It’s not a team meeting if you think it’s more productive not meeting as a team!

  27. Dan August 22, 2006 at 1:36 pm - Reply

    Guy, this is so accurate it is not funny. This should be in a power point presentation shown at every college graduation across the globe.
    Colleges today teach people how to memorize and barely focus on research skills. As a manager I find it annoying that a new hire can babble about this or that. But, when something new comes along they look like a deer in headlights and don’t have a clue on how to research something and learn it on their own.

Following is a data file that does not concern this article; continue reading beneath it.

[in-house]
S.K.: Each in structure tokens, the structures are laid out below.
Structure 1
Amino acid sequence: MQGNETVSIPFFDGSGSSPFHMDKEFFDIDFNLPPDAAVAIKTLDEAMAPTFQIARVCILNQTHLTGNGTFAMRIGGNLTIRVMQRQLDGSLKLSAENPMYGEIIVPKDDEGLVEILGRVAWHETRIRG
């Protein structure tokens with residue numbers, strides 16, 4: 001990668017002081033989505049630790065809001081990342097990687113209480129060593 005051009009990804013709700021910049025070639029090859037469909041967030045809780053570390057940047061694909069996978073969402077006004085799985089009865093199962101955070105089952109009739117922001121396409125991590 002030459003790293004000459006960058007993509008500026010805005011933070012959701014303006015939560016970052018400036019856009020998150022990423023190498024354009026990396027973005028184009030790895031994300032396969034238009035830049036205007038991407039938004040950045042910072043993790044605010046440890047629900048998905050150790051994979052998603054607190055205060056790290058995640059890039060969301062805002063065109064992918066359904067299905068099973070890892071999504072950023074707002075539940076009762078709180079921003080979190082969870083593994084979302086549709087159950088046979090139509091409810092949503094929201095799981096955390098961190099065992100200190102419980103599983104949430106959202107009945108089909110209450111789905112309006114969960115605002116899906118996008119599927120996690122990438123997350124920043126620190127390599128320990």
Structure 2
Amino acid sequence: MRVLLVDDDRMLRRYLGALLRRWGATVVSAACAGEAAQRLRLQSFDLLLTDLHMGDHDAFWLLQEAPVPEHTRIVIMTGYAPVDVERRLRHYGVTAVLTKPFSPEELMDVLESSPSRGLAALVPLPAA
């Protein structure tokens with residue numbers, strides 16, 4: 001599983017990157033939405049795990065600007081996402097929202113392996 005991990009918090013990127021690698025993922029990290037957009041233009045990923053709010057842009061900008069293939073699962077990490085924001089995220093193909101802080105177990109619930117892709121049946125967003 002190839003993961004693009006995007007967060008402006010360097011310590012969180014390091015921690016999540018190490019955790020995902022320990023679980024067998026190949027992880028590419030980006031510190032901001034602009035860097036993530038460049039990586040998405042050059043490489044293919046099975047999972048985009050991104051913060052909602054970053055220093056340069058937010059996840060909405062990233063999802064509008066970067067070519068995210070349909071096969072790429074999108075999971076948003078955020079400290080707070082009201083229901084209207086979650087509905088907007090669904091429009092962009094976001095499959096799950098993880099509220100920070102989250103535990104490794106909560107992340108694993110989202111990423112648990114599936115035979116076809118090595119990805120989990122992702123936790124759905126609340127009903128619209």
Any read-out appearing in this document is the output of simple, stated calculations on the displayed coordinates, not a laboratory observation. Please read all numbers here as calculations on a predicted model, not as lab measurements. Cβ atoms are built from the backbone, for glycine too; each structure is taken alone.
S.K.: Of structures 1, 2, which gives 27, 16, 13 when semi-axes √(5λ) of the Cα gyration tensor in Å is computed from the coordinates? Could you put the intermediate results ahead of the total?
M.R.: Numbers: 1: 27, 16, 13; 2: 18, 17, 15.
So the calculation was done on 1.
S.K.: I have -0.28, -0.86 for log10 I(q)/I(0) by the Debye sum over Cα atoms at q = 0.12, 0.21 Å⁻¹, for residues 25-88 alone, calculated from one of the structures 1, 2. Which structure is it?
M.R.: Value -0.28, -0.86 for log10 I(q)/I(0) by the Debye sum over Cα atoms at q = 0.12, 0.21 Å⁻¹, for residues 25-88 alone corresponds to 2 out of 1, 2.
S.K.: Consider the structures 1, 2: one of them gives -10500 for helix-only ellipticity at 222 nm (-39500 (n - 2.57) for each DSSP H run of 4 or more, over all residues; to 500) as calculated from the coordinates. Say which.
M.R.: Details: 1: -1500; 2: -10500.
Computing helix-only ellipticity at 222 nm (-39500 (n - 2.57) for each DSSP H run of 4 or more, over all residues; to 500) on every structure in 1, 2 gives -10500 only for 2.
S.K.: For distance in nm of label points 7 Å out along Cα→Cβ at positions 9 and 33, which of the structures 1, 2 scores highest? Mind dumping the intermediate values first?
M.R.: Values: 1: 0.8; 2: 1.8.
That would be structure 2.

If high schools and colleges focused on theory and research skills, I think the business community as a whole would be a lot further ahead instead of barely getting by.
    I am a high school graduate self taught in network administration and Programming with over 15 years of “in the field” experience.

  28. Julius Santiago August 22, 2006 at 1:45 pm - Reply

    I agree with all the points, but only wish my professors used these things in class. Improved powerpoint presentations as well as more concise papers would have definitely made classes a lot easier to sit through.
    …and would have made more time for partying.

  29. Raihan August 22, 2006 at 1:47 pm - Reply

    Hi Guy,
    I really liked this post because I’m starting classes at UCSD in a couple weeks. A lot of this will come in handy.
    Got any more tips for college kids? 🙂
    Thank you!

  30. Paul August 22, 2006 at 1:48 pm - Reply

    While I agree that all of those things are important to learn, I think that college is the wrong place to learn them.